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The ridiculously cold Southern Ocean

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By Mark Robinson
Sunday, April 13, 2014, 9:29 AM

The cold hit me like a punch to the gut.  

This was a full on, breath-removing contraction of every muscle in my body. For what seemed like a brief eternity, I could not get a breath in. This was not entirely a bad thing, considering I was underwater, submerged in some of the coldest waters in the world. Welcome to the Southern Ocean.

The Southern Ocean surrounds the continent of Antarctica and because of that, the water regularly gets below the temperature of the ice in your summer drink. What I mean by this is that the unique properties of seawater allow it drop below freezing and still stay liquid. 

Unearthed: Tune into The Weather Network for more of Mark's adventures tonight at 7 p.m. and 10 p.m. EDT for the premiere of the latest episode of "Unearthed."

So, yes, you can actually end up fully frozen in the water of the Southern Ocean if you stay in too long. I’ve got to figure out a way to get The Weather Network to send me to the Caribbean instead of the planetary equivalent of deep freezer. And yet, I wasn’t going to pass up the opportunity of seeing (and experiencing) the Southern Ocean.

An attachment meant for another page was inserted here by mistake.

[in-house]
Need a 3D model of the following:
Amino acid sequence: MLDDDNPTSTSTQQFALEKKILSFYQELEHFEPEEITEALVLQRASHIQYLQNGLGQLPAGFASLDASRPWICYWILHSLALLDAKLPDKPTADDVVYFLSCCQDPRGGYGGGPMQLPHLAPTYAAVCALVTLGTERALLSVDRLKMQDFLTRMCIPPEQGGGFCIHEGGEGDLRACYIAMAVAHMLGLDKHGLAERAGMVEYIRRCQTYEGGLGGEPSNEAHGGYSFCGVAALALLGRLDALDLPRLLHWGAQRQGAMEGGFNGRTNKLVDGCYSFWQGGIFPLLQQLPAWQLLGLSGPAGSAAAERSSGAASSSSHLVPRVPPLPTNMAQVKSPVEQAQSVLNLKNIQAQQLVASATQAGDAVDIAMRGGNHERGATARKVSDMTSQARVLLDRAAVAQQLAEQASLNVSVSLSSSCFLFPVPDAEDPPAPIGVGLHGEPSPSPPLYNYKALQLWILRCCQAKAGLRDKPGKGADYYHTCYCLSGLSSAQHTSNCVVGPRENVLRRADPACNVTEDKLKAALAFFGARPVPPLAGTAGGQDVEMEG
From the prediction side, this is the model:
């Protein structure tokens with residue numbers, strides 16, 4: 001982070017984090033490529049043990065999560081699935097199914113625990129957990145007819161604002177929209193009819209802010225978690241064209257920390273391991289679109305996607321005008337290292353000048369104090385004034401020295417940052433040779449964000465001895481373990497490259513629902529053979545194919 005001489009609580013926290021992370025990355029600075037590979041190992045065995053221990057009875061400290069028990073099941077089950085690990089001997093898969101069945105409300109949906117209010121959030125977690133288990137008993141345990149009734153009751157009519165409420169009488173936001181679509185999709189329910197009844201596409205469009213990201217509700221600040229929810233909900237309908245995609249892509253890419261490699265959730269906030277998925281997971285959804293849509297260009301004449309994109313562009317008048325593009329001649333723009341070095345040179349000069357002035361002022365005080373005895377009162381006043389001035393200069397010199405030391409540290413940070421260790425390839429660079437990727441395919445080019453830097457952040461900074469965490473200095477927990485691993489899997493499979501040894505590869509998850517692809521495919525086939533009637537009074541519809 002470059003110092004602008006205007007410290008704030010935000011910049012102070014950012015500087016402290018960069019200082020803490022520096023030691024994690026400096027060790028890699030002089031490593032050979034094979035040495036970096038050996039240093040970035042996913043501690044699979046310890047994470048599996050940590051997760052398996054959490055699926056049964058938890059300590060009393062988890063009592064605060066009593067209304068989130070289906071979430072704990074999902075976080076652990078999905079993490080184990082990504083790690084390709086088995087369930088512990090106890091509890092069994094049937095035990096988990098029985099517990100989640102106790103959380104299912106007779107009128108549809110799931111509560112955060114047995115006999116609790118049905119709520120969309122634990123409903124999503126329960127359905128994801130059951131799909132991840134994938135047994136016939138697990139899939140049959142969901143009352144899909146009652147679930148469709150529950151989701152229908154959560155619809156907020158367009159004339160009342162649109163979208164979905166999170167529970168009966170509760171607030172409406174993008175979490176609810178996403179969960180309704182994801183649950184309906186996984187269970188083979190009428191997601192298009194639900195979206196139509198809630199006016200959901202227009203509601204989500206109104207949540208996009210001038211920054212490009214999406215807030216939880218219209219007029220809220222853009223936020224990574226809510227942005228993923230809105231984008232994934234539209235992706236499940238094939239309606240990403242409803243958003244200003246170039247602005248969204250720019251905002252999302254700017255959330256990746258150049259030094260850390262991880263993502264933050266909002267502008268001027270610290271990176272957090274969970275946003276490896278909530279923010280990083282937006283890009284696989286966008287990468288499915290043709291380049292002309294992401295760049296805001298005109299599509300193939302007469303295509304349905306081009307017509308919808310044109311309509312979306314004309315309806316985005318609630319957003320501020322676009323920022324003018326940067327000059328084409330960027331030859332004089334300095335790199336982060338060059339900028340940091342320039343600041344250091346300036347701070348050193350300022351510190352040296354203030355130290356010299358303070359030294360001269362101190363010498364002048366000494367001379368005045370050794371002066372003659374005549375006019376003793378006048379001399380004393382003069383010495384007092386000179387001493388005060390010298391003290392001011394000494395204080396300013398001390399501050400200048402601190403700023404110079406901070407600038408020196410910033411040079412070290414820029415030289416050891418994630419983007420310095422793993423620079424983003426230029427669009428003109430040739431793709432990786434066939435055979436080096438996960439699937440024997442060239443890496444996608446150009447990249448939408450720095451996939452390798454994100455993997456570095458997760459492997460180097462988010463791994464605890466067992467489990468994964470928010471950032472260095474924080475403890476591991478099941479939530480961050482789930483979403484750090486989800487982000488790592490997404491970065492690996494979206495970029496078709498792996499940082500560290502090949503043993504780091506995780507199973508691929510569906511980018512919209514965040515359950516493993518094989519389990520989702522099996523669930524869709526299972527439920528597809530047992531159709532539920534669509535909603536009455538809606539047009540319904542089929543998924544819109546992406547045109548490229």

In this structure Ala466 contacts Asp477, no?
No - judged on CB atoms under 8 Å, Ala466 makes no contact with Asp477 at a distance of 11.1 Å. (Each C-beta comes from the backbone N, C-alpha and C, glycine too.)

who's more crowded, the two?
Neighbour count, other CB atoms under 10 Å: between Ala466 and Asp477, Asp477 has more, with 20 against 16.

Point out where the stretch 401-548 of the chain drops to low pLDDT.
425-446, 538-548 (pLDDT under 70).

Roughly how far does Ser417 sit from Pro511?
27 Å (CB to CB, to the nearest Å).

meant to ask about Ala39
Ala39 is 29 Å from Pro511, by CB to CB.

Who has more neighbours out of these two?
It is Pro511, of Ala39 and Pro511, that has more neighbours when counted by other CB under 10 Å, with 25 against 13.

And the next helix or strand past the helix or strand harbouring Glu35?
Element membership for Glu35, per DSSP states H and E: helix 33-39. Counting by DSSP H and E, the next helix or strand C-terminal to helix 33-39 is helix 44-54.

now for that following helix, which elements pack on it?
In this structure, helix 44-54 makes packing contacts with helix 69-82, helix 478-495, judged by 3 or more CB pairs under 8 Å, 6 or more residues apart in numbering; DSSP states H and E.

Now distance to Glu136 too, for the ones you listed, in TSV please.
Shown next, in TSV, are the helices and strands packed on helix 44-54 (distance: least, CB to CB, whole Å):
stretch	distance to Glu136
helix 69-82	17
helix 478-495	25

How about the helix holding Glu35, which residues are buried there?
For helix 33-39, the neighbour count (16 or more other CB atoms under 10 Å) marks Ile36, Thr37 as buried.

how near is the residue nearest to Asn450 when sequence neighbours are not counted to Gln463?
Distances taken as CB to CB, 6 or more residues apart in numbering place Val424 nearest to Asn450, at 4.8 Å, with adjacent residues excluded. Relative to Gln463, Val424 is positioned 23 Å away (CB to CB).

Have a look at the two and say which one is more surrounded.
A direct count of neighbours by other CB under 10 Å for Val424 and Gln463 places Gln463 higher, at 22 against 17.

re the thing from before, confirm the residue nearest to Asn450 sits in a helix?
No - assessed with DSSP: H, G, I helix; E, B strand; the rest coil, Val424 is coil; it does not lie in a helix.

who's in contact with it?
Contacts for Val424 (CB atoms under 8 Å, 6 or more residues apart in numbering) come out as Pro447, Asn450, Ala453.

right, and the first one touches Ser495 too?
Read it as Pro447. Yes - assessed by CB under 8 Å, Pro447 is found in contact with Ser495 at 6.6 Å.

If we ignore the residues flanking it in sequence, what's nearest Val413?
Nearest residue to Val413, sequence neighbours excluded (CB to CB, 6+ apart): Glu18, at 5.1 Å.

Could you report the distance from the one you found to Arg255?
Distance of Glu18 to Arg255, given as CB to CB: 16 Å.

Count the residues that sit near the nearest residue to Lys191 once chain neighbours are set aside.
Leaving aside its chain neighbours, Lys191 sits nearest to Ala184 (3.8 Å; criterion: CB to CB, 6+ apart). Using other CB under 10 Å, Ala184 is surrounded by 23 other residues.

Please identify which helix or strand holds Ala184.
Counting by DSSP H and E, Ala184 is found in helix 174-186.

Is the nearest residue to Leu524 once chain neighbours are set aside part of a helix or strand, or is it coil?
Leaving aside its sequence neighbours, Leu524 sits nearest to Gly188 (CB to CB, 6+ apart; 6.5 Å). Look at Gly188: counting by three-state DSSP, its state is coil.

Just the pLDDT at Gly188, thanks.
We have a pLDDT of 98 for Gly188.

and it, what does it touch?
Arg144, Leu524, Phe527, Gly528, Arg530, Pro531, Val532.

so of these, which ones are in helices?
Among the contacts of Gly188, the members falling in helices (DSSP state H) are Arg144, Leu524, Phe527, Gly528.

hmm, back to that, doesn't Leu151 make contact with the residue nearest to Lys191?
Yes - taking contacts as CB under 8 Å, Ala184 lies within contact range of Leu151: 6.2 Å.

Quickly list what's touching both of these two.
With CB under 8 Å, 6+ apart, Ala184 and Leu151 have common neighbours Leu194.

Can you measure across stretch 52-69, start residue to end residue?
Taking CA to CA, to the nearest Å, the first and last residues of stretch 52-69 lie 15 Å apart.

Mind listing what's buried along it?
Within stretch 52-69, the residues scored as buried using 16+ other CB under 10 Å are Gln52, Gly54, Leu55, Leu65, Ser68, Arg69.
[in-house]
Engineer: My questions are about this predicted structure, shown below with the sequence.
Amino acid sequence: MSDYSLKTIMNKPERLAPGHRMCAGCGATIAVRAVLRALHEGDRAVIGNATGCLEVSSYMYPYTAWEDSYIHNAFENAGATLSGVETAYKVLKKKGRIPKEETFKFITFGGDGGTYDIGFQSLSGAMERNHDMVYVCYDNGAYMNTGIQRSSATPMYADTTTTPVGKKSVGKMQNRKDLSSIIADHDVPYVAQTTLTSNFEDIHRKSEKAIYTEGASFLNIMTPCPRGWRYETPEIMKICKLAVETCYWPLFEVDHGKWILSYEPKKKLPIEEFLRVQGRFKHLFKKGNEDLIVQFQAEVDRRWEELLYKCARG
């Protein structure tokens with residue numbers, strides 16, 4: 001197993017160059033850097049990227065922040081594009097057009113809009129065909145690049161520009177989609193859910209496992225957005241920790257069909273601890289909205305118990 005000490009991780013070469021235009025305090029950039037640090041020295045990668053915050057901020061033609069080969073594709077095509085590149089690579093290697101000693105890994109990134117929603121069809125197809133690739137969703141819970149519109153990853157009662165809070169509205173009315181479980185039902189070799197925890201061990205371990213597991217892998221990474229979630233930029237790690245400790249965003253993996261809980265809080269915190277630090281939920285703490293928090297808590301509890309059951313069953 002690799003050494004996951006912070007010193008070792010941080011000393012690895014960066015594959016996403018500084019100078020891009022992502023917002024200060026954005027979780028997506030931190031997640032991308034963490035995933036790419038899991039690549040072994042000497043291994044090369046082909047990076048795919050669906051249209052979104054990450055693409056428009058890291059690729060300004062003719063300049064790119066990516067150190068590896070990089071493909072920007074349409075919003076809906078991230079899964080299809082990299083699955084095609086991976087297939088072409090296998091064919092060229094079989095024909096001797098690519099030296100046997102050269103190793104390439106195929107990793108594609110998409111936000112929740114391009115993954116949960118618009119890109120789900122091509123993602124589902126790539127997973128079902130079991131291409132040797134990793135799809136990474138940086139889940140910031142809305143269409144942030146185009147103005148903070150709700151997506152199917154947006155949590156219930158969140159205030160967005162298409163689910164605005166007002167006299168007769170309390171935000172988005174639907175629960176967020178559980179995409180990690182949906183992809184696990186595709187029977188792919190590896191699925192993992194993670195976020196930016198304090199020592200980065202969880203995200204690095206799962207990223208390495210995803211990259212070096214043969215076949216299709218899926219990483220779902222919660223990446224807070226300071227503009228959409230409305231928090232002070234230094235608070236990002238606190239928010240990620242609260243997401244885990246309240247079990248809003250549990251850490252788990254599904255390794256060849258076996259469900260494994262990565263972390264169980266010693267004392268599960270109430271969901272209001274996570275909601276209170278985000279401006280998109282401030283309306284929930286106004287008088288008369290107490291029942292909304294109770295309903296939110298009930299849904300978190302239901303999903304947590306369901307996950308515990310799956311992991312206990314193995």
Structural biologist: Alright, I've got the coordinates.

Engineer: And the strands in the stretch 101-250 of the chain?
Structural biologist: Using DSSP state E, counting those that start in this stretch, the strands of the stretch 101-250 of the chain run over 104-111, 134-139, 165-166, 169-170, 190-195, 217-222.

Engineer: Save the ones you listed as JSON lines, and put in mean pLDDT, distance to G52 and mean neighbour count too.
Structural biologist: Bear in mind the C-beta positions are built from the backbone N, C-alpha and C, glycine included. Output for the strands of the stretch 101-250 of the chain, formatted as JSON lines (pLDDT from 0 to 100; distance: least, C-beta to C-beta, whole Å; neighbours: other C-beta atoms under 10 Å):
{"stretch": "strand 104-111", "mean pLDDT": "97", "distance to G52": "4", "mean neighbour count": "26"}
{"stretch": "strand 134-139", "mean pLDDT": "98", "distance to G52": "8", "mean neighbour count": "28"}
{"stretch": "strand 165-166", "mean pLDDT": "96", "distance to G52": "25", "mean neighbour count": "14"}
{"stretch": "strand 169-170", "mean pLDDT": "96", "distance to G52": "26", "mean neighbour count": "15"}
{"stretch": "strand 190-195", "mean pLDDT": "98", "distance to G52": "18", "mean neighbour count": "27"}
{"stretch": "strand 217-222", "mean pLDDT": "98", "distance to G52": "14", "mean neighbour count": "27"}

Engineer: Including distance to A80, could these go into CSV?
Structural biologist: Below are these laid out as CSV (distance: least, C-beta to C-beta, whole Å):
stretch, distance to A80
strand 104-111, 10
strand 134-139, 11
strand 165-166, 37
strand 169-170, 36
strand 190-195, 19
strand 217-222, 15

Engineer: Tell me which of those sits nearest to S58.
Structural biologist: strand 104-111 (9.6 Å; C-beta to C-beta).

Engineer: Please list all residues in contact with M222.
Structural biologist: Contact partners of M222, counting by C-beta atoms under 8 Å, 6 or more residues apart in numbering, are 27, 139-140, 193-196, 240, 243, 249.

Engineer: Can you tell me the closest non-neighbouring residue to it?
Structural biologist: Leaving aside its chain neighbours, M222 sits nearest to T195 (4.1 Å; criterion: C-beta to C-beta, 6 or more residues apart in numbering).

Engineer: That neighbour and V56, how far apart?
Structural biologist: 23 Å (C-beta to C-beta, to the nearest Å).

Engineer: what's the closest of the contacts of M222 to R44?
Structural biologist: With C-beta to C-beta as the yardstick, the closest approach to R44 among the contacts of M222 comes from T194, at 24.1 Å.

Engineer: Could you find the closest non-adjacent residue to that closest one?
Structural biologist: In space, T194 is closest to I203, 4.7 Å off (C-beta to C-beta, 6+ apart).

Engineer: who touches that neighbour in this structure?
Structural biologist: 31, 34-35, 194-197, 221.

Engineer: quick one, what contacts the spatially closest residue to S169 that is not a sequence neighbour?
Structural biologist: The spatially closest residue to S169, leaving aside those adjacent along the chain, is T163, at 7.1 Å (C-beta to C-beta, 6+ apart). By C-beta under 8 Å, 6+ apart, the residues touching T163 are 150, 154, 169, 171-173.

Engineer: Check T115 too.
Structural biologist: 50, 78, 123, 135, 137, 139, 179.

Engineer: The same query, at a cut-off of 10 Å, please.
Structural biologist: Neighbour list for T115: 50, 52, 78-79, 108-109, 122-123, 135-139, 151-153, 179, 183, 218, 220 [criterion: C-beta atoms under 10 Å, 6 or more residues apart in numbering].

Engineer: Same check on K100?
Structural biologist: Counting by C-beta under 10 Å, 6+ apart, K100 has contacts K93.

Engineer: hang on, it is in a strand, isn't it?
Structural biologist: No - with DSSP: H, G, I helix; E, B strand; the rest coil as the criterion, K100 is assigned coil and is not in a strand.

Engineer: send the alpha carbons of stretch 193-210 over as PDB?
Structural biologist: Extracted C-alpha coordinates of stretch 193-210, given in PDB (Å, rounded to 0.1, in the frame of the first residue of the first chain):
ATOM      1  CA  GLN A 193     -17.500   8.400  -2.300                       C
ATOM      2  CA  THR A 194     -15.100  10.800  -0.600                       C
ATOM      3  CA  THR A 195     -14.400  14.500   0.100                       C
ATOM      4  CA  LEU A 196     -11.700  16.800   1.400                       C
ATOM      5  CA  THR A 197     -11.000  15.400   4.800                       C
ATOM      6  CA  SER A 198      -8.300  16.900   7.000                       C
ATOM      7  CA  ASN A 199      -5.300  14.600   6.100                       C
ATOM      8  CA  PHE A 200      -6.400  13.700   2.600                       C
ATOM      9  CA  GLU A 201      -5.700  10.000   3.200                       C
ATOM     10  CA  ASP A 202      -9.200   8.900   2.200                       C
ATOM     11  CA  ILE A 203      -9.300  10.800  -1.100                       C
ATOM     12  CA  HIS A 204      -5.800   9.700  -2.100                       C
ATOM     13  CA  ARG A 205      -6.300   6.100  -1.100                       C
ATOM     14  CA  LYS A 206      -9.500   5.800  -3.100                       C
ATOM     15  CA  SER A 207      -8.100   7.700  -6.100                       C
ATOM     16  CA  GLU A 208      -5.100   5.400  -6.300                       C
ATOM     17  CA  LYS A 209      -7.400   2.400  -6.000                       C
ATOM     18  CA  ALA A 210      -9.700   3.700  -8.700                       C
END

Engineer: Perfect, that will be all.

The seas surrounding Antarctica are a unique place because of the way the continent is shaped. Think of the Antarctic as a continent surrounded by an ocean, while the better-known Arctic, is an ocean surrounded by continents. This difference in geography between the two poles has drastic implications on the climate and ocean circulation.  

A massive current sweeps around the continent like a snake chasing its tail. This mass of moving water is known as the Antarctic Circumpolar Current and at 21 000 km in length, it is the longest ocean current in the world. It’s a massive current as well, carrying with it the equivalent of 100 times the amount of water of every river on earth. That’s 130 million cubic metres of water per second moving around Antarctica. 

The unique manner in which this current moves around the continent helps to create a zone of mixing and upwelling known as the Antarctic Convergence. The zone is created as cold, northward flowing Antarctic waters meet the warmer waters of the Atlantic and Pacific oceans.  The colder water sinks below the warmer and a kind of natural border is created; sort of like the treeline in the Arctic. Passing over the zone, you can actually see the change in the colour of the water. It goes from the deep blue of the southern Atlantic to the light azure of the Southern Ocean itself.